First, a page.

Schlecks' attack stirs ranks at Tour

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Second-worst kept secret: that Andy and Frank Schleck, the lanky Luxembourgers who came into today's monster alpine stage sitting sixth and eighth in the overall classification, would attack on the fourth of five climbs. Those would be on the obscenely and relentlessly steep Col de Romme, a sinuous ribbon of a road hewn from a Savoy cliffside and on loan, it sometimes appeared, from Mordor.

And drill it they did, enroute to Frank's second Tour de France stage win, raining carnage on the main group, whittling it to a dozen, then eight, then -- by the time they summited the Romme -- four riders: themselves and a pair of Astanas.

One was Alberto Contador, who appears to be four days from his second Tour victory. The other was ... not Lance. On the Schlecks' final push, Andreas Kloden and Contador followed. Armstrong was blown.

Yes, he would debate that choice of words. Lance isn't getting dropped at this Tour. He's simply choosing not to respond to these impetuous attacks by youthful hotheads. Sometimes it works -- he bridged up to the Schleck group yesterday, in one of the more dramatic moments of this year's Tour. And sometimes you end losing a bunch of time. Despite having led Andy Schleck by 2 ½ minutes this morning, Armstrong now trails him by 1:19. (Armstrong also trails Frank by a half-minute). Where Contador and Armstrong had been Nos. 1 and 2 this morning, the Schlecks -- by finishing 2:18 ahead of the Texan -- interposed themselves between these uneasy teammates.

That brings us to the third-worst kept secret. Even on the cusp of triumph, Contador continues to sow discord in the ranks of this immensely talented, undeniably divided squad.

On the final climb, the Col de la Colombiere, with Bruyneel in his earpiece telling the Spaniard that all he needed to do was sit on the Schlecks' wheels -- "I told him, you don't have to attack [today] to win the Tour de France" -- the Matador decided to ignore that advice. His ensuing burst was a marvel to behold, a stunning success ... at dropping his own teammate. While Kloden was shelled, and never did catch back on, it took the Schlecks about 20 seconds to reel in the Spaniard.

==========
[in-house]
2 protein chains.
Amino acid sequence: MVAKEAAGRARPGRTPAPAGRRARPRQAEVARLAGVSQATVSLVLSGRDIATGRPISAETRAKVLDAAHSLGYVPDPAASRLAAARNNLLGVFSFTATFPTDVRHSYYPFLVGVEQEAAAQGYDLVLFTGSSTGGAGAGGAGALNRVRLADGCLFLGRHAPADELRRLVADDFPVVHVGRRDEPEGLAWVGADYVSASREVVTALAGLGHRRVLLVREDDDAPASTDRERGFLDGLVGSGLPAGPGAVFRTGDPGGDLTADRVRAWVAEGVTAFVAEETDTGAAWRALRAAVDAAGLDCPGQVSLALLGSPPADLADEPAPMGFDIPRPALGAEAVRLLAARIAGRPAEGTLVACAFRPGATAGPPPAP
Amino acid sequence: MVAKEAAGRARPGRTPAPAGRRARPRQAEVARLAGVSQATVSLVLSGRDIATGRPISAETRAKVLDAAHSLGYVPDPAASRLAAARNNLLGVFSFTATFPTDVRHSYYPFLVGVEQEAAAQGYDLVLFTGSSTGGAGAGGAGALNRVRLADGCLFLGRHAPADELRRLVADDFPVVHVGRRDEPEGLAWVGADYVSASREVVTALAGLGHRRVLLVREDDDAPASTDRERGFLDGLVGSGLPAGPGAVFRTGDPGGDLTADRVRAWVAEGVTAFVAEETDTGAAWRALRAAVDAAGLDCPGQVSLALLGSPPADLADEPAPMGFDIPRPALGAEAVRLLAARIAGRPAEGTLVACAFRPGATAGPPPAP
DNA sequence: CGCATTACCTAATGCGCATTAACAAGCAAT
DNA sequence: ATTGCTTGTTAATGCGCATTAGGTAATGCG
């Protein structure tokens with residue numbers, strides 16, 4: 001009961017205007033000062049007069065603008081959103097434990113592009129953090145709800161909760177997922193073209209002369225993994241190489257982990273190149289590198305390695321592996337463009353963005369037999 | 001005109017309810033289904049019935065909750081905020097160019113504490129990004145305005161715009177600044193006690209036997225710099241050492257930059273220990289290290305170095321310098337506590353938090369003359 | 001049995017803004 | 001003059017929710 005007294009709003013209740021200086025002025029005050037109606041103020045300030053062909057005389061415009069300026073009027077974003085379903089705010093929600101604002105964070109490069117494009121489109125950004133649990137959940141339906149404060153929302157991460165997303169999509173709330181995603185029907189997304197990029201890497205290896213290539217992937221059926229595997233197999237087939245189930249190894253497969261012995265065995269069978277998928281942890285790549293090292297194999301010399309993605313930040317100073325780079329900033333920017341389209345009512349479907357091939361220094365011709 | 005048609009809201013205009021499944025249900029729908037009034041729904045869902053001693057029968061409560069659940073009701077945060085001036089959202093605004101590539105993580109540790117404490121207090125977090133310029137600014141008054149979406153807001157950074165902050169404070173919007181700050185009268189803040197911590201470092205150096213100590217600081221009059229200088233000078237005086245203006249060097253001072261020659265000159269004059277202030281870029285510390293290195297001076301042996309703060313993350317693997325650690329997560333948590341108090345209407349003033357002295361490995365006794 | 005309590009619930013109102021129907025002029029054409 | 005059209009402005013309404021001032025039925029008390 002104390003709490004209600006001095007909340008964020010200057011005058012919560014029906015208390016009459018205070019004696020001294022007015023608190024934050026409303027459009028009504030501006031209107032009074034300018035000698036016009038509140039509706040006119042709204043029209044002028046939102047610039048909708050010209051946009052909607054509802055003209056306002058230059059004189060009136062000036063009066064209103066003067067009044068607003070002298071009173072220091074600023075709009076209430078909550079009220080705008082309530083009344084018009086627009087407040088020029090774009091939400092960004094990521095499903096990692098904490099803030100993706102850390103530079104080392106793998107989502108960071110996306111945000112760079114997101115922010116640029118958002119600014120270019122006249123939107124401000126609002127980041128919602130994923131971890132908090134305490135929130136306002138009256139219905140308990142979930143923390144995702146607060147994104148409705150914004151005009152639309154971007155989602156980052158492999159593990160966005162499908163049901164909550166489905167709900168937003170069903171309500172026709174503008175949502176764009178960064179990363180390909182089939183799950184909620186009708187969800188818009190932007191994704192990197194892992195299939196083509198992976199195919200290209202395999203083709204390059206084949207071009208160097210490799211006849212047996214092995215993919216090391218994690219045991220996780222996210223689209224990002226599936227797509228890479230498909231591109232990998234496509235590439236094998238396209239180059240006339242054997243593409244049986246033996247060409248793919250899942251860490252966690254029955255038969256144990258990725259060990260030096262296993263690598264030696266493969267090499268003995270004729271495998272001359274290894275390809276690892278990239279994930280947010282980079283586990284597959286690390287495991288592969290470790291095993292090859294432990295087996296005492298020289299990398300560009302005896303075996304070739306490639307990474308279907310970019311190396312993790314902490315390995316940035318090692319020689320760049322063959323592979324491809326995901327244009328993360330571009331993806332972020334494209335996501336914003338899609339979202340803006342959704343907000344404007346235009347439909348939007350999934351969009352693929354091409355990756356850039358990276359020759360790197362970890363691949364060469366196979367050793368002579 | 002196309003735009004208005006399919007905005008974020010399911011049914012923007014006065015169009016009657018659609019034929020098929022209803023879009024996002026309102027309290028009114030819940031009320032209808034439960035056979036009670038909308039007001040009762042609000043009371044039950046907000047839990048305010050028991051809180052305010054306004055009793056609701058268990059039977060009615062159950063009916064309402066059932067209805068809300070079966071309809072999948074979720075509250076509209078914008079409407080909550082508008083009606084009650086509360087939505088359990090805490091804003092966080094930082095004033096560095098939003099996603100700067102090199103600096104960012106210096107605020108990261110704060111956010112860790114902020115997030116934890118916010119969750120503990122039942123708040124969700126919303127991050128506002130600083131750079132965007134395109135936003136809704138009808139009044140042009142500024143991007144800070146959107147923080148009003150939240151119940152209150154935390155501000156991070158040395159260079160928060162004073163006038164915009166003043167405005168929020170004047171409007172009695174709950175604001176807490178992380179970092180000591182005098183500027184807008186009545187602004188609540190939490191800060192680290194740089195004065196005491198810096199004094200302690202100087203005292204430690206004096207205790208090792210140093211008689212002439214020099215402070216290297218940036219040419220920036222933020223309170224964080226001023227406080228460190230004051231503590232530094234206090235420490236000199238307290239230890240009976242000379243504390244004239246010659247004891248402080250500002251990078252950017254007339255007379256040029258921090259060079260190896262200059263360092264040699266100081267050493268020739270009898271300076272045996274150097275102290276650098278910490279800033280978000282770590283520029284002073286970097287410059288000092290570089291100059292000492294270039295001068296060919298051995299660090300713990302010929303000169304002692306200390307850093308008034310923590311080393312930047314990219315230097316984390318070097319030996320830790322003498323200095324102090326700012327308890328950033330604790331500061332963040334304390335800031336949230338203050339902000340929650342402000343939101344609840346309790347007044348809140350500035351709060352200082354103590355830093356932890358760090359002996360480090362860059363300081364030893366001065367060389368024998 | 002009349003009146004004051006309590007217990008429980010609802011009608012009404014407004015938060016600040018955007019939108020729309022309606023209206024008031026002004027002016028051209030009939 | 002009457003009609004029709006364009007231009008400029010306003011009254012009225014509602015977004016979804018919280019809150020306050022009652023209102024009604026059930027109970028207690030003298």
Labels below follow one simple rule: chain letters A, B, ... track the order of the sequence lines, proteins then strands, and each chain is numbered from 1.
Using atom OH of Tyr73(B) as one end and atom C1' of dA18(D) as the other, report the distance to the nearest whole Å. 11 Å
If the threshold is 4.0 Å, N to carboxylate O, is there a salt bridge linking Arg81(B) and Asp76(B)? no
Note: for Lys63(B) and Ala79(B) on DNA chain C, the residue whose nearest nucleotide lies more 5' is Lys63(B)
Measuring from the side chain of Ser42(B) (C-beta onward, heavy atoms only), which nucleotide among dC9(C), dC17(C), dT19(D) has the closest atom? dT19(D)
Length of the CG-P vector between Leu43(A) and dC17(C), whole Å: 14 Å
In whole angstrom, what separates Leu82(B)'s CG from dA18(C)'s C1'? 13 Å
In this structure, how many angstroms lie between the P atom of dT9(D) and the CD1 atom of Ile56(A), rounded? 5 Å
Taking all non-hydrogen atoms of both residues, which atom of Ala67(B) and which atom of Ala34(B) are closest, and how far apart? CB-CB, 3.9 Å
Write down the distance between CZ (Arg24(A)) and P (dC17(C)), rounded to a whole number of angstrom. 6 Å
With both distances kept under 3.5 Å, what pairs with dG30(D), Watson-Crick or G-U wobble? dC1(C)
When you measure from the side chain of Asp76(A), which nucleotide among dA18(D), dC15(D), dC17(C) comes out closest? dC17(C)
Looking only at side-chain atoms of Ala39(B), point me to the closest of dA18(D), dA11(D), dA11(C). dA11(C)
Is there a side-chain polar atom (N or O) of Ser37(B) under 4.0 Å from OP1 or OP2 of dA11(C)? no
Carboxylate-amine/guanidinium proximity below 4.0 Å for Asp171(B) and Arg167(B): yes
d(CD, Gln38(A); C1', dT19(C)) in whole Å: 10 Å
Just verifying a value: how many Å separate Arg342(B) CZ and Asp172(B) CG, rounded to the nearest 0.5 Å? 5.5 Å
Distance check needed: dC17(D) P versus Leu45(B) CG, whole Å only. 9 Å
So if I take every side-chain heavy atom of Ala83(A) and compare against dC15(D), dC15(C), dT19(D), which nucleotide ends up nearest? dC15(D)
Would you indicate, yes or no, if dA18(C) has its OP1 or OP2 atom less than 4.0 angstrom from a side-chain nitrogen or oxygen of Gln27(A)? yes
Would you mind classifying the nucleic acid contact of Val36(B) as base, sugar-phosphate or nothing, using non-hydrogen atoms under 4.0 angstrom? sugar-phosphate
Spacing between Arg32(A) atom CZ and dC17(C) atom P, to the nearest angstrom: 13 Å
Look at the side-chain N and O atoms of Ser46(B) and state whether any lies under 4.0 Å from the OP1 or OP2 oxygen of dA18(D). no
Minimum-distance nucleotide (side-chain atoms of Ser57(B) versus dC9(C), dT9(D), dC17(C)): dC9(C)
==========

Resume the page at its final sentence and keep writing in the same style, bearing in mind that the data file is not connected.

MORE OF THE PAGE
Kloden was eventually caught by Armstrong, which, on the road into Le Grand Bornand, must have given him a strange feeling of déjà vu.

"It's a bit of a pity that Andreas couldn't hang on," said Bruyneel outside the team bus afterward. "I think we could've been first, second and third today" in the general classification. "Instead we are first, fourth and fifth." Asked if the team dynamic had been improving since Contador's controversial attack in Stage 7 -- the one that succeeded in keeping Armstrong out of the yellow jersey -- Bruyneel replied, "Yes, it is." Pause. "At least, it was."

How about you, Lance. What did you think of Alberto's backfired attack? "I'm gonna bite my tongue on that one," he said.

Less circumspect was the member of his retinue who was overheard wisecracking that Contador might be dining "at a table for one tonight."

Dinner at the Saxo Bank hotel, meanwhile, should be a festive affair. The Schlecks need to enjoy today's stage victory, and their rise to second and third in the overall standings, because it's not going to last very long. They're not especially good time trialers; tomorrow's stage is a 40-kilometer contre le montre around Lake Annecy.

Let's say Lance takes two minutes out of Andy in the time trail. That would give him a half-minute cushion going into Saturday's decisive stage ending on the hors categorie Mont Ventoux. Armstrong's problem is, based on what we saw Wednesday, Schleck could take that time back -- and plenty more -- on the so-called "Giant of Provence."

Lance also needs to keep an eye on Kloden, who was lucky to be selected for this Tour, considering recent allegations against him. The German rider has twice finished second in the Tour, and may well better Armstrong in the time trial.

Armstrong may lack the acceleration that launched him to seven Tour victories, but he's making up for it, a little, in savvy. Contador's biggest threat going into this stage was Garmin's surprising Bradley Wiggins, who has suddenly learned, in his ninth year as a pro, how to climb with the best ascenders in the world.

Because Wiggins is also superb in the time trial, he has lately held Bruyneel's full attention. After letting the Schlecks ride away on the Romme, Armstrong made himself useful to Contador by sitting on Wiggins' wheel for the better part of 15 kilometers. Wiggo had to be pleased with that arrangement, secure in the knowledge that he would take time out of Armstrong in the time trial -- and possibly bump him off the podium in Paris.

But the Brit's podium hopes became much more remote when Armstrong, after giving the appearance that he was at his limit, lit the fuse, unleashing a sharp, nasty, vintage-Lance attack to which Wiggo had no answer. He ended up dropping 49 seconds to the Texan.

What we may be looking at, folks, is an all-Astana podium in Paris, with Contador on the top step, and Armstrong battling Kloden for the second step. The second and third place riders will smile and tell the world how pleased they are for the winner, and no one will believe them.